Tennessee believes in high expectations, low debt and a pro-business regulatory environment. Tennessee is a right-to-work state with no personal income tax on wages.  These two facts act as a magnet for investment consideration by investors.    State and local tax burdens represent some of the lowest in the country. We have the lowest debt per capita, and our state budget operates with a healthy surplus.

In my opinion, one of the reasons Tennessee and Chattanooga have attracted foreign investment is our belief in the Sister Cities Program.  Chattanooga is a sister city to the following cities across the globe.

  • Wuxi, China
  • Hamm, Germany
  • Wolfsburg, Germany
  •  Givatayim, Israel
  •  Gangneung, Korea
  • Nizhnii Tagil, Russia-

I have been told the relationships developed between Chattanooga and her sister cities is not only cultural but definitely commercial.  The visits shared have given foreign cities a great perspective on a fairly small Southern, progressive city and they like what they see.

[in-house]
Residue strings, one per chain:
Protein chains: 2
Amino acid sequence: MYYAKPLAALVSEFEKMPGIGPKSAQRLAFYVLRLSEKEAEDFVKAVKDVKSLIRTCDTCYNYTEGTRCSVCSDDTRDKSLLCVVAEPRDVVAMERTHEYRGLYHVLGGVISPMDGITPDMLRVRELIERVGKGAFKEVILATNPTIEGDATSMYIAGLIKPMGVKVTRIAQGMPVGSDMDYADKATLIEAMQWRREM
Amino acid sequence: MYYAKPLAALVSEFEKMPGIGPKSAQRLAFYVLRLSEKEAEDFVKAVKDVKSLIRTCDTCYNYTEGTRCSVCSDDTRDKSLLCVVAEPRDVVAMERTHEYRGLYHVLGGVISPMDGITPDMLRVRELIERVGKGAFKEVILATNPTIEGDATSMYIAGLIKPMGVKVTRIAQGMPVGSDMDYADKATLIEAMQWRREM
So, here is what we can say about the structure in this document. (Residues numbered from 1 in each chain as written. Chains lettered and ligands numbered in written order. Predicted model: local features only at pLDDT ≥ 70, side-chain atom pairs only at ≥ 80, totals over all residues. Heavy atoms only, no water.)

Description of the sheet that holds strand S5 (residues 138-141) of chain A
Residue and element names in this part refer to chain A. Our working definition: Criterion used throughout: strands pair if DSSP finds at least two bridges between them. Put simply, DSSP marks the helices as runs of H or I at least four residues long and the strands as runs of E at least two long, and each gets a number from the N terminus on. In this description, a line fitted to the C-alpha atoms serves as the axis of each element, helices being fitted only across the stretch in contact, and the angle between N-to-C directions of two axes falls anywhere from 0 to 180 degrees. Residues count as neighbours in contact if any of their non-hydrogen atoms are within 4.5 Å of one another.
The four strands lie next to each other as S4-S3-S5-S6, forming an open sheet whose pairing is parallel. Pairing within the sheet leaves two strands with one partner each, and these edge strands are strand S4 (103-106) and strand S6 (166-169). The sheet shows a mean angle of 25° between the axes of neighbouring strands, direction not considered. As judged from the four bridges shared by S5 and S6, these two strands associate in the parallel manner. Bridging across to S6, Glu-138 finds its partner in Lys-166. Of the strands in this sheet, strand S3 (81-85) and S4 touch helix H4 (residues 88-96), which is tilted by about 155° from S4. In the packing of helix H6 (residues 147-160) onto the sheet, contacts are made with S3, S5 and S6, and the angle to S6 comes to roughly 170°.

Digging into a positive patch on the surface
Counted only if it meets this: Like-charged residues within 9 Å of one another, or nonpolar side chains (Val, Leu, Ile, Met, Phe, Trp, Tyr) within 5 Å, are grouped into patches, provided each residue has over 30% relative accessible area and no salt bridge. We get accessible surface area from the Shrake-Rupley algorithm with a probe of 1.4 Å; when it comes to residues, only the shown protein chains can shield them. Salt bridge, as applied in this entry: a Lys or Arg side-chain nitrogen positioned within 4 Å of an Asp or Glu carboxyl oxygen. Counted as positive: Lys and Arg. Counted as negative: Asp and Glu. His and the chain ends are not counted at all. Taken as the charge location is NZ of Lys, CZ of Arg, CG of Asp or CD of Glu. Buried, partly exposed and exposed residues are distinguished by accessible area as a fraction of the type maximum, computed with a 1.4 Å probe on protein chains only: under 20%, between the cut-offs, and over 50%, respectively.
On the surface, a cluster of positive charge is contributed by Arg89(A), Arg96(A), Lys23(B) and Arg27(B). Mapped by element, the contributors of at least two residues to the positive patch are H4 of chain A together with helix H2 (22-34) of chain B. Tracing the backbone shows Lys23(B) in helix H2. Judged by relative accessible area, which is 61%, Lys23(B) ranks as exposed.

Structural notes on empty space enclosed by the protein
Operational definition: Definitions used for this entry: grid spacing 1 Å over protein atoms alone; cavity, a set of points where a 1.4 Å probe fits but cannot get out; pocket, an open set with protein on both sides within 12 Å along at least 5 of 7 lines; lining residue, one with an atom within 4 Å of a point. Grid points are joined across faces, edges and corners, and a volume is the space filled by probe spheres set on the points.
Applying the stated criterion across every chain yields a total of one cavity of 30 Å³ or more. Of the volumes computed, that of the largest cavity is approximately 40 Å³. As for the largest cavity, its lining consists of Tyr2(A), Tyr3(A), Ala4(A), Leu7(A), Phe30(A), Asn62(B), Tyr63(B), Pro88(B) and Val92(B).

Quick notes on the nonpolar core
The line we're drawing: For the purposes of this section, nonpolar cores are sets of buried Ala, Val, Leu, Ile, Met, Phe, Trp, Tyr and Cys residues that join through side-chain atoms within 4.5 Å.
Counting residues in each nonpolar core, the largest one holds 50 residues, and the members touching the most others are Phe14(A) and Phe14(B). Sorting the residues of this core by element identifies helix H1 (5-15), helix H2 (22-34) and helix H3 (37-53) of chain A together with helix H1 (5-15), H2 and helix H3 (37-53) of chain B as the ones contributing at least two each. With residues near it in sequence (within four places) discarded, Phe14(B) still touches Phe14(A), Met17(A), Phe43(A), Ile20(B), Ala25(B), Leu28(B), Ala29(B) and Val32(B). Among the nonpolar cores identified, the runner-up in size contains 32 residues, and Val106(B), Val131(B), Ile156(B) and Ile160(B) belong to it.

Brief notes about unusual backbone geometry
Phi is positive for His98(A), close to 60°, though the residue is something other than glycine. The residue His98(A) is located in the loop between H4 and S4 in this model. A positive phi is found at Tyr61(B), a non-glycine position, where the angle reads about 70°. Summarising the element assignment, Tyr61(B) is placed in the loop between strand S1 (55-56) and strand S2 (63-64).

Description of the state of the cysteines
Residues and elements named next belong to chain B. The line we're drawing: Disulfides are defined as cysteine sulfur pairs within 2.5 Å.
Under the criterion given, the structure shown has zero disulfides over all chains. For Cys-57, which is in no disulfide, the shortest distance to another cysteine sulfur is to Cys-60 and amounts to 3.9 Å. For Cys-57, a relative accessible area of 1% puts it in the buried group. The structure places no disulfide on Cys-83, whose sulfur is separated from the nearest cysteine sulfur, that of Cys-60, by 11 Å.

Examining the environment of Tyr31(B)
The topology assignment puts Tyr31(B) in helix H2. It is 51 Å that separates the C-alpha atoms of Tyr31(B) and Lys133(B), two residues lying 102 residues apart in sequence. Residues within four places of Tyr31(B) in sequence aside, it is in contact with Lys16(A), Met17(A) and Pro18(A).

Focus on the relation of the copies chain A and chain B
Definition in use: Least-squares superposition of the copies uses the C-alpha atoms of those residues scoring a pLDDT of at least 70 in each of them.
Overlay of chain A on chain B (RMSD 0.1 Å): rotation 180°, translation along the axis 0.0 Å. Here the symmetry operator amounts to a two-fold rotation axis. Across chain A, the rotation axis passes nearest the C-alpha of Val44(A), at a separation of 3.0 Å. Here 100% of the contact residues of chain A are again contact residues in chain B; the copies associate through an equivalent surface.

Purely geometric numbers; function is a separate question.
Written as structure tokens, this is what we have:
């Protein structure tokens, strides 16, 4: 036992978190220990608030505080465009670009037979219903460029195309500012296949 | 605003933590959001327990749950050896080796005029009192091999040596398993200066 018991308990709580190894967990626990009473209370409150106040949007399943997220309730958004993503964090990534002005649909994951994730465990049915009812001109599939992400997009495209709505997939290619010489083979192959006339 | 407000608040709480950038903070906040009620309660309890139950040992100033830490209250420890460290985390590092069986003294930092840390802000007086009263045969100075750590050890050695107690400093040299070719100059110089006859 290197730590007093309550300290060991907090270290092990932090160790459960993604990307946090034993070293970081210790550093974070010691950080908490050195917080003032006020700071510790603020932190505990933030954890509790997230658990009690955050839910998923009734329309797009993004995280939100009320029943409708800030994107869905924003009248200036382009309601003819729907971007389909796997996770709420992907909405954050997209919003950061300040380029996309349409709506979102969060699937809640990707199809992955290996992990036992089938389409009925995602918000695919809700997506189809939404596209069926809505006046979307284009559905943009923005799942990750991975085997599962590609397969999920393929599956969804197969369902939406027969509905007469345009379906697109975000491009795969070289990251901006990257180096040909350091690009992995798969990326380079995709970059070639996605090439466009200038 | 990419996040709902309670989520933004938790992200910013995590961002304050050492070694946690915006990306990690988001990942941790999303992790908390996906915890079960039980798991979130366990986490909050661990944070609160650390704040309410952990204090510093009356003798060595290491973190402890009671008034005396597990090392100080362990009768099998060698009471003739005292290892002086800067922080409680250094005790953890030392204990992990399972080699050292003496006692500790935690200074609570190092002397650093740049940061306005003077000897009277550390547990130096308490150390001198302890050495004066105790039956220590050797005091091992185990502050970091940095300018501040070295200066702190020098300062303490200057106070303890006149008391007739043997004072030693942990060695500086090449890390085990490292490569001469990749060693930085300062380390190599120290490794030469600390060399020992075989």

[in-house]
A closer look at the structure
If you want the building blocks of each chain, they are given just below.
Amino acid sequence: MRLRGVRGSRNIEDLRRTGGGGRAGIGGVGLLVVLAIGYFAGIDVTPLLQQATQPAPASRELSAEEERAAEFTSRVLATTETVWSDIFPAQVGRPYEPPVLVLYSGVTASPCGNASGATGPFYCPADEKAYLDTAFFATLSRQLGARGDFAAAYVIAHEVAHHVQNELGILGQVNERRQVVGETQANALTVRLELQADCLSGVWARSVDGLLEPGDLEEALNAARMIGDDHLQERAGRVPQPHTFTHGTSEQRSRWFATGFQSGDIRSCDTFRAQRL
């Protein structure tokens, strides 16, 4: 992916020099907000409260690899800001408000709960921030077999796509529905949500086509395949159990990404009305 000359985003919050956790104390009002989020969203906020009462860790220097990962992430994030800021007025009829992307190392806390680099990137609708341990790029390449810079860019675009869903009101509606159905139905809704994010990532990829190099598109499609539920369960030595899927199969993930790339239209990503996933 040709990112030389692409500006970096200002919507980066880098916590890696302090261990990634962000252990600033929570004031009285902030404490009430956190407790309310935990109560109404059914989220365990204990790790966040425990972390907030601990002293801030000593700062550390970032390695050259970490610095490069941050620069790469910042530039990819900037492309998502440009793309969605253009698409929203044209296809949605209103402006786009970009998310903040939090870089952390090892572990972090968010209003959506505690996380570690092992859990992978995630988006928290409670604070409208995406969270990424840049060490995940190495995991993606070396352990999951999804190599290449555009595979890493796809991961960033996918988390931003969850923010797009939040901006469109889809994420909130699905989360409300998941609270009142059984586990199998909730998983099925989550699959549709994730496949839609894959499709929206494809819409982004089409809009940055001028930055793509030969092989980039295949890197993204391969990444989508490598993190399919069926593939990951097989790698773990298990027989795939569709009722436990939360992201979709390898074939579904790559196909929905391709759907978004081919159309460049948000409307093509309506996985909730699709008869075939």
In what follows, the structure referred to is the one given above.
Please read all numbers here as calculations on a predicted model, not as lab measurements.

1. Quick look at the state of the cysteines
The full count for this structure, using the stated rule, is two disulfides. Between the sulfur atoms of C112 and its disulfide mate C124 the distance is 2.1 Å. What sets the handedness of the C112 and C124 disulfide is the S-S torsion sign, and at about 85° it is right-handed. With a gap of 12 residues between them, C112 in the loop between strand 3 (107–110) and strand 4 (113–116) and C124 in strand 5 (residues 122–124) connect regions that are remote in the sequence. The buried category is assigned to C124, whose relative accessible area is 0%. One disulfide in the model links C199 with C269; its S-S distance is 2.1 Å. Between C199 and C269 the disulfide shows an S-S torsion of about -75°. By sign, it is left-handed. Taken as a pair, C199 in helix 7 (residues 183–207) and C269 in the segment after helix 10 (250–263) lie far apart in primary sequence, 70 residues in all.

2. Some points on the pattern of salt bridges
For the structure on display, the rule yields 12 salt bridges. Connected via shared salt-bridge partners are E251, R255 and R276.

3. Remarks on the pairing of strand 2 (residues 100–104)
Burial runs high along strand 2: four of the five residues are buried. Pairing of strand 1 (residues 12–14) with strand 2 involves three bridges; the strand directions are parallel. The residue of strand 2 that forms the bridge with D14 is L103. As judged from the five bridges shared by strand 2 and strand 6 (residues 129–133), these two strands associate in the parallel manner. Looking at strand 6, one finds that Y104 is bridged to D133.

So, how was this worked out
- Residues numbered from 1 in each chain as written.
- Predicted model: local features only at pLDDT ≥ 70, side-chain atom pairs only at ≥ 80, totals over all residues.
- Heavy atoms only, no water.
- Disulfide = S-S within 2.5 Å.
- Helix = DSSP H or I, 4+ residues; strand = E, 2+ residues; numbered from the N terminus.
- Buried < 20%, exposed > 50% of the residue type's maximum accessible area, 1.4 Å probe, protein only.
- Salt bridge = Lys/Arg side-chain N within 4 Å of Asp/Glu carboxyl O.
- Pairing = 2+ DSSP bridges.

More and more cities in the United States are working to attract foreign investment hoping to provide job opportunities for their residents.  Governors providing leadership for their states recognize the fact that American workers are the best trained with a great work ethic.  They can do those jobs required.

I certainly welcome you to Chattanooga and hope you can come a stay awhile.  We would love to have you for a visit.


January 20, 2016

Public Art Chattanooga decided to add a splash of color to the monolithic grey hulk of the AT&T building, located on the Southside of Chattanooga proper.  This building is a tall windowless structure resembling the “BORG” habitat detailed in several Star Trek episodes.  Not really appealing in any sense of the word.  When Public Art received permission to go forward, they called internationally respected artist Meg Saligman.  Meg was the obvious choice for the work.  This is her largest mural to date covering approximately 42,000 square feet.  It is definitely one of the five (5) largest murals in the country and the largest in the Southeastern part of the United States.